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9th Street Wetland to help mitigate flooding in Warrenton

North Coast Land Conservancy’s conservation of 42 acres of Sitka spruce wetland on either side of 9th Street in Warrenton will help prevent flooding and double the length of an existing wildlife corridor in the area.

The 9th Street Wetland, transferred from Clatsop County to NCLC on Oct. 19, encompasses 42 acres that are part of the Alder Creek watershed that spreads to the Columbia River alongside Sand Creek.

Along with NCLC’s Sand Creek Wetlands and Gardenia Wetland, the 9th Street Wetland helps preserve a wildlife corridor of more than 1 mile in the heart of Warrenton that is used by elk, small mammals, upland birds and invertebrates. Additionally, 9th Street Wetland contains several hundred meters of frontage along Alder Creek, which is downstream of a property with rearing habitat for Lower Columbia coho and other salmon.

The entire system stores large volumes of water, creating the potential to help mitigate the effects of flooding and storm surges, a critical ecosystem service in a low-lying community like Warrenton. The spruce forest and swamp habitat that characterize this property are considered globally rare. By the 1980s, about three-quarters of the forested and scrub/shrub tidal wetlands that existed in the lower Columbia River estuary in the 1800s were gone. Wetlands such as those found in this complex act as nature’s kidneys, filtering out sediments, excess nutrients and pollutants.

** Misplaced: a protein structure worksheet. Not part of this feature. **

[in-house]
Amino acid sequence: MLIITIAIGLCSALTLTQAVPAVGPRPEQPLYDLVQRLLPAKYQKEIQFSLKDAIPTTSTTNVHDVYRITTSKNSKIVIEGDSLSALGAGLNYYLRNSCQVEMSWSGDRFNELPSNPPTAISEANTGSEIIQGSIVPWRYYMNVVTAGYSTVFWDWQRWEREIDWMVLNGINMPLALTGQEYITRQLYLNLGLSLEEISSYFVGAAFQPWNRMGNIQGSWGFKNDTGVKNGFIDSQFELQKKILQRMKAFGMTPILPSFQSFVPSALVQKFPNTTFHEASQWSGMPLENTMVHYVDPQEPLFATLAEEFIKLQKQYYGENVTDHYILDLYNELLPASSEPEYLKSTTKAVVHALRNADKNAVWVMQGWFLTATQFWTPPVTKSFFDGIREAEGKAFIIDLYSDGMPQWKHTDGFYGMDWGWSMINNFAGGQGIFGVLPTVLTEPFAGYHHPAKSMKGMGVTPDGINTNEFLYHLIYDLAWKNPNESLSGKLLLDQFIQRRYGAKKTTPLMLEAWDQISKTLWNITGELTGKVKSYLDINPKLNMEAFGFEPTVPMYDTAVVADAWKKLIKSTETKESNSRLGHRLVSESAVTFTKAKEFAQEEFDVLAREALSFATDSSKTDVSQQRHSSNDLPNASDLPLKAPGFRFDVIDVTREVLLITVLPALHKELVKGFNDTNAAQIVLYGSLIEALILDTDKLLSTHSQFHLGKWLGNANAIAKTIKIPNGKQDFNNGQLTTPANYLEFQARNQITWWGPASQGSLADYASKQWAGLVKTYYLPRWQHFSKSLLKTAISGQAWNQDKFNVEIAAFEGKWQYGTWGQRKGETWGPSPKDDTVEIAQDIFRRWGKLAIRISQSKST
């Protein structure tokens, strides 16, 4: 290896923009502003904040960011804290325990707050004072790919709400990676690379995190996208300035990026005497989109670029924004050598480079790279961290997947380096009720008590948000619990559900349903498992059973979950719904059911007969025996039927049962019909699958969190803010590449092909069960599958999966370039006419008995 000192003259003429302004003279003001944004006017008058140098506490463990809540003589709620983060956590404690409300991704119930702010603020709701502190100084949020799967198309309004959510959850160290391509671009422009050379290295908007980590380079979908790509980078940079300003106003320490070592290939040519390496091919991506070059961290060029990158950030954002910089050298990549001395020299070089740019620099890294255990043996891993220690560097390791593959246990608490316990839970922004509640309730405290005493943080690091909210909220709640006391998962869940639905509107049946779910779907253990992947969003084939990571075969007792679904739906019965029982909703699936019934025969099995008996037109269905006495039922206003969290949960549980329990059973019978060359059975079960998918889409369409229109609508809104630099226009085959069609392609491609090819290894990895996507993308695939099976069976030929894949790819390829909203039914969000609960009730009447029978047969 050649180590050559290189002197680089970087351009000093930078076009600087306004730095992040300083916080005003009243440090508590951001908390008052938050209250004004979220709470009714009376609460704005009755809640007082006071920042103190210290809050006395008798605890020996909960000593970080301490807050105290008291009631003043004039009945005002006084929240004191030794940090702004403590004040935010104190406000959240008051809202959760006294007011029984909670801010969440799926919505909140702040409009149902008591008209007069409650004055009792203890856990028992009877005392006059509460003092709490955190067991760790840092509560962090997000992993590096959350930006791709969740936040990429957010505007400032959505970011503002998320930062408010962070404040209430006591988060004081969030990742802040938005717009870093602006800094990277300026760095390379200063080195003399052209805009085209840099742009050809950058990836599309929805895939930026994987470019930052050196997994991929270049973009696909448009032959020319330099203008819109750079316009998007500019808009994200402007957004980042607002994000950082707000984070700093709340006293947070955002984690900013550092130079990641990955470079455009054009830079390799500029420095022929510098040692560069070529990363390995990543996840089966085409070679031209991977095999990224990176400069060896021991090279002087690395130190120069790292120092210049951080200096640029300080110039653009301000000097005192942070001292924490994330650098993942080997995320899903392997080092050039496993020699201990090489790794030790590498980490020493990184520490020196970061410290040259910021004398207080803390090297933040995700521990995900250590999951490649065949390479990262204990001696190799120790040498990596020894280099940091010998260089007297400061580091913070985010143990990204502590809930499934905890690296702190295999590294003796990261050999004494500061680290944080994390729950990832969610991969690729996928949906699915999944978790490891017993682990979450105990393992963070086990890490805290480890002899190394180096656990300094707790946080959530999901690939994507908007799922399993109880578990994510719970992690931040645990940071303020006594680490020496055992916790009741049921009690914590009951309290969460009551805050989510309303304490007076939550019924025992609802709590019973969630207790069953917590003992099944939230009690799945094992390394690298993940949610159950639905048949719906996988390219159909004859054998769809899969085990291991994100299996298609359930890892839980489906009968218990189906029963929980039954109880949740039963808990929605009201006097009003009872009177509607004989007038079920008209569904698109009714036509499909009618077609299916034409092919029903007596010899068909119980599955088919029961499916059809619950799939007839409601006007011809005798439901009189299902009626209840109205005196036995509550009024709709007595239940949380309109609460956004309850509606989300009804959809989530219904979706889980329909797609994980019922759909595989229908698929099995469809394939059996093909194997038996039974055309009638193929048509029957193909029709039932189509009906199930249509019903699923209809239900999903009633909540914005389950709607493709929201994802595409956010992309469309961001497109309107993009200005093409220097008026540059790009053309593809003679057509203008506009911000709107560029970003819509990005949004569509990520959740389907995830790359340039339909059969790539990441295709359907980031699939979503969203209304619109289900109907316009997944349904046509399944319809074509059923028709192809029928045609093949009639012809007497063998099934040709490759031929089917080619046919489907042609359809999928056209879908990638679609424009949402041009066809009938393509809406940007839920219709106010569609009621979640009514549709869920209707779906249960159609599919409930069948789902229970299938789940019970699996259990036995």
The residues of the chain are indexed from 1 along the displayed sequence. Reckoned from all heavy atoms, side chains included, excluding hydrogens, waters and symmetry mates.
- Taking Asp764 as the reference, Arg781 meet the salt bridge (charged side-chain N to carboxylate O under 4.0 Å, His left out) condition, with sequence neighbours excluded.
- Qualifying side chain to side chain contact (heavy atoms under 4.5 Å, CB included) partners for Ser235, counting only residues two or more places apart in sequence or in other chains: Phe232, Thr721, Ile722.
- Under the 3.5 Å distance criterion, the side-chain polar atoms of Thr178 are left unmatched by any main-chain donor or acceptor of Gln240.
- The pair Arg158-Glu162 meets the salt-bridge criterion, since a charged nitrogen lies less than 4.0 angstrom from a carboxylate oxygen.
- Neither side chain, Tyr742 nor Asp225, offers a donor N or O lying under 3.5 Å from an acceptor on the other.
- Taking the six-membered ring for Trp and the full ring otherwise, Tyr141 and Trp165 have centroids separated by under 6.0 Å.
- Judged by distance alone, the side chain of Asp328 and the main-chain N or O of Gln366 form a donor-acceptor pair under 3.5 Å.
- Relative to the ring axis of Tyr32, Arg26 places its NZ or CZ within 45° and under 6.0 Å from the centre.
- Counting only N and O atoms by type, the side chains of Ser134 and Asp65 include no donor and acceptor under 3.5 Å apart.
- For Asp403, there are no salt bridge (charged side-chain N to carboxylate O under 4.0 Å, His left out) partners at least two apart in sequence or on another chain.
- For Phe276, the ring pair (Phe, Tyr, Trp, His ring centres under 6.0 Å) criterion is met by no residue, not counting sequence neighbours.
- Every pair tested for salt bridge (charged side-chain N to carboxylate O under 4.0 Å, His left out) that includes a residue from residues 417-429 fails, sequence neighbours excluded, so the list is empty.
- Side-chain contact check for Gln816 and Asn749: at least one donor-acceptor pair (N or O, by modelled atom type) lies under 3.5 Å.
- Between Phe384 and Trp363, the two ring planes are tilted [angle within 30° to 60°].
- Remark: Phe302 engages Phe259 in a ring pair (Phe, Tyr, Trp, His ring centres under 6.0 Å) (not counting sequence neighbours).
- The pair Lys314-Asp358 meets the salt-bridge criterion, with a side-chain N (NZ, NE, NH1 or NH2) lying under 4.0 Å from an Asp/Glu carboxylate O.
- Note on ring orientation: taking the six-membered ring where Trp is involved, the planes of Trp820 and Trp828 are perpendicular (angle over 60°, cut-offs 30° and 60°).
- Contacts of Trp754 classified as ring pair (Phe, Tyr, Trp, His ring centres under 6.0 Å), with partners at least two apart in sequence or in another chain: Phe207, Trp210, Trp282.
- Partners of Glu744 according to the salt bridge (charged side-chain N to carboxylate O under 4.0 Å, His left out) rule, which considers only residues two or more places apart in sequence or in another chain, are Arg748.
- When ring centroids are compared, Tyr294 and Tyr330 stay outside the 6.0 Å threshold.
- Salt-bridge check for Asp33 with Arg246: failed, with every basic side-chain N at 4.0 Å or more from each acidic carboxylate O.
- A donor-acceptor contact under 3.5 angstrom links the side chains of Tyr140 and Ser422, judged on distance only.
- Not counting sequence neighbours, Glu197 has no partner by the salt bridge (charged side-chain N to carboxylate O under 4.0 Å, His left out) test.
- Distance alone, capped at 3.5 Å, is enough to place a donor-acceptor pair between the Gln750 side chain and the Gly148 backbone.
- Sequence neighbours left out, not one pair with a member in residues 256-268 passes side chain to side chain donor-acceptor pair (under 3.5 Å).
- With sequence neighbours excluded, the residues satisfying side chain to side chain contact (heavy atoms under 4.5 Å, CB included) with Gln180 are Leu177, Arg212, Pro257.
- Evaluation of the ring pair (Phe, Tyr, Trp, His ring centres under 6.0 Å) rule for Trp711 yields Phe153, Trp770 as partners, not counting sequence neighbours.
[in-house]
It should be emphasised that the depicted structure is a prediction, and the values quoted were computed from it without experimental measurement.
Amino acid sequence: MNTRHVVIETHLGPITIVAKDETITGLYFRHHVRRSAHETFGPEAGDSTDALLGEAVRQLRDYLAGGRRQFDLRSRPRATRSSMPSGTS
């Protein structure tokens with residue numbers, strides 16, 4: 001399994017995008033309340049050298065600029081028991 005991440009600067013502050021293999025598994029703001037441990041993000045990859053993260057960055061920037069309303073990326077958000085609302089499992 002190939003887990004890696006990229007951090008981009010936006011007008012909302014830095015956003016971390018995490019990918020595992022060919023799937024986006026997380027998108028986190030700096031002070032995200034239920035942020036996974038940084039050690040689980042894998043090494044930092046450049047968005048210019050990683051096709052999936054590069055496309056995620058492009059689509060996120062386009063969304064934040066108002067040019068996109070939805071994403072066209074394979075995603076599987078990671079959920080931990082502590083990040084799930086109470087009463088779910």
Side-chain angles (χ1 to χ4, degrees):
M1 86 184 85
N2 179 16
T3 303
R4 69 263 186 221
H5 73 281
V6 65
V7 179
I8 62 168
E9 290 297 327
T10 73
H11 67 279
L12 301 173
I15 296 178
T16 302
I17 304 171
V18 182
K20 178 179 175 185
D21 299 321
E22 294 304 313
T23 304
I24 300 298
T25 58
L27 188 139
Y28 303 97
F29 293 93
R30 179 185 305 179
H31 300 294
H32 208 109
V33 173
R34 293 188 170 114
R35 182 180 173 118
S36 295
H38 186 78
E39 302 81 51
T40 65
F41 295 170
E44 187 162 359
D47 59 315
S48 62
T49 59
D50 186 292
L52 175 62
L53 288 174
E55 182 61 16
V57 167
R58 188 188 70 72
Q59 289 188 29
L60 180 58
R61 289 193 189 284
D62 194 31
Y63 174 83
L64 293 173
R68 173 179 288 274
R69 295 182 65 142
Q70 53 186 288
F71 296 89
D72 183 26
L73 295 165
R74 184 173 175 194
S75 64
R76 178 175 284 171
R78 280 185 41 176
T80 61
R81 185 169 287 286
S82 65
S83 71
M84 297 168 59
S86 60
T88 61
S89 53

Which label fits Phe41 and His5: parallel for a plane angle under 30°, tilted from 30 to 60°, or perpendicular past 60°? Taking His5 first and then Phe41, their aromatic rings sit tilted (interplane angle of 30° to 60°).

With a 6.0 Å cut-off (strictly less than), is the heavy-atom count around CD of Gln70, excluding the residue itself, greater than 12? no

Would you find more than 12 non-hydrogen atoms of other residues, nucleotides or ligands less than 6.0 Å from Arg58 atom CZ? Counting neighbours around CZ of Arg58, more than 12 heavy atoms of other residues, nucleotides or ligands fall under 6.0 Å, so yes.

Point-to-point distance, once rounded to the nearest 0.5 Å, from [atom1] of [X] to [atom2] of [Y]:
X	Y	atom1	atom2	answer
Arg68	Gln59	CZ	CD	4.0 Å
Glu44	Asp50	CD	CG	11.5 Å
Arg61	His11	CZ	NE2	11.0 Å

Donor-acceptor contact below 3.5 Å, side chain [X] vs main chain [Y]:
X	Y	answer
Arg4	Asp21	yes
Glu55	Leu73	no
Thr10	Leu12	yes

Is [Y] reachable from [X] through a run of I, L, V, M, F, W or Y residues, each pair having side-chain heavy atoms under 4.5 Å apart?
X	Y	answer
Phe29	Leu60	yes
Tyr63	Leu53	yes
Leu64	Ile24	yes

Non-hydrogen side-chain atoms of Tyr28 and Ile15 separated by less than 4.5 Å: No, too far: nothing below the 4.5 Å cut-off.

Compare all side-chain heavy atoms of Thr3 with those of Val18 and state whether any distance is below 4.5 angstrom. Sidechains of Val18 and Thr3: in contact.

The spruce, hemlock and alder trees on this property offer the ecological benefits that come with a layered and mature forest structure, such as healthy and diverse understory; large downed wood for moisture retention and nutrient cycling; and large snags for cavity nesting.

Public access to the property is limited to guided use.



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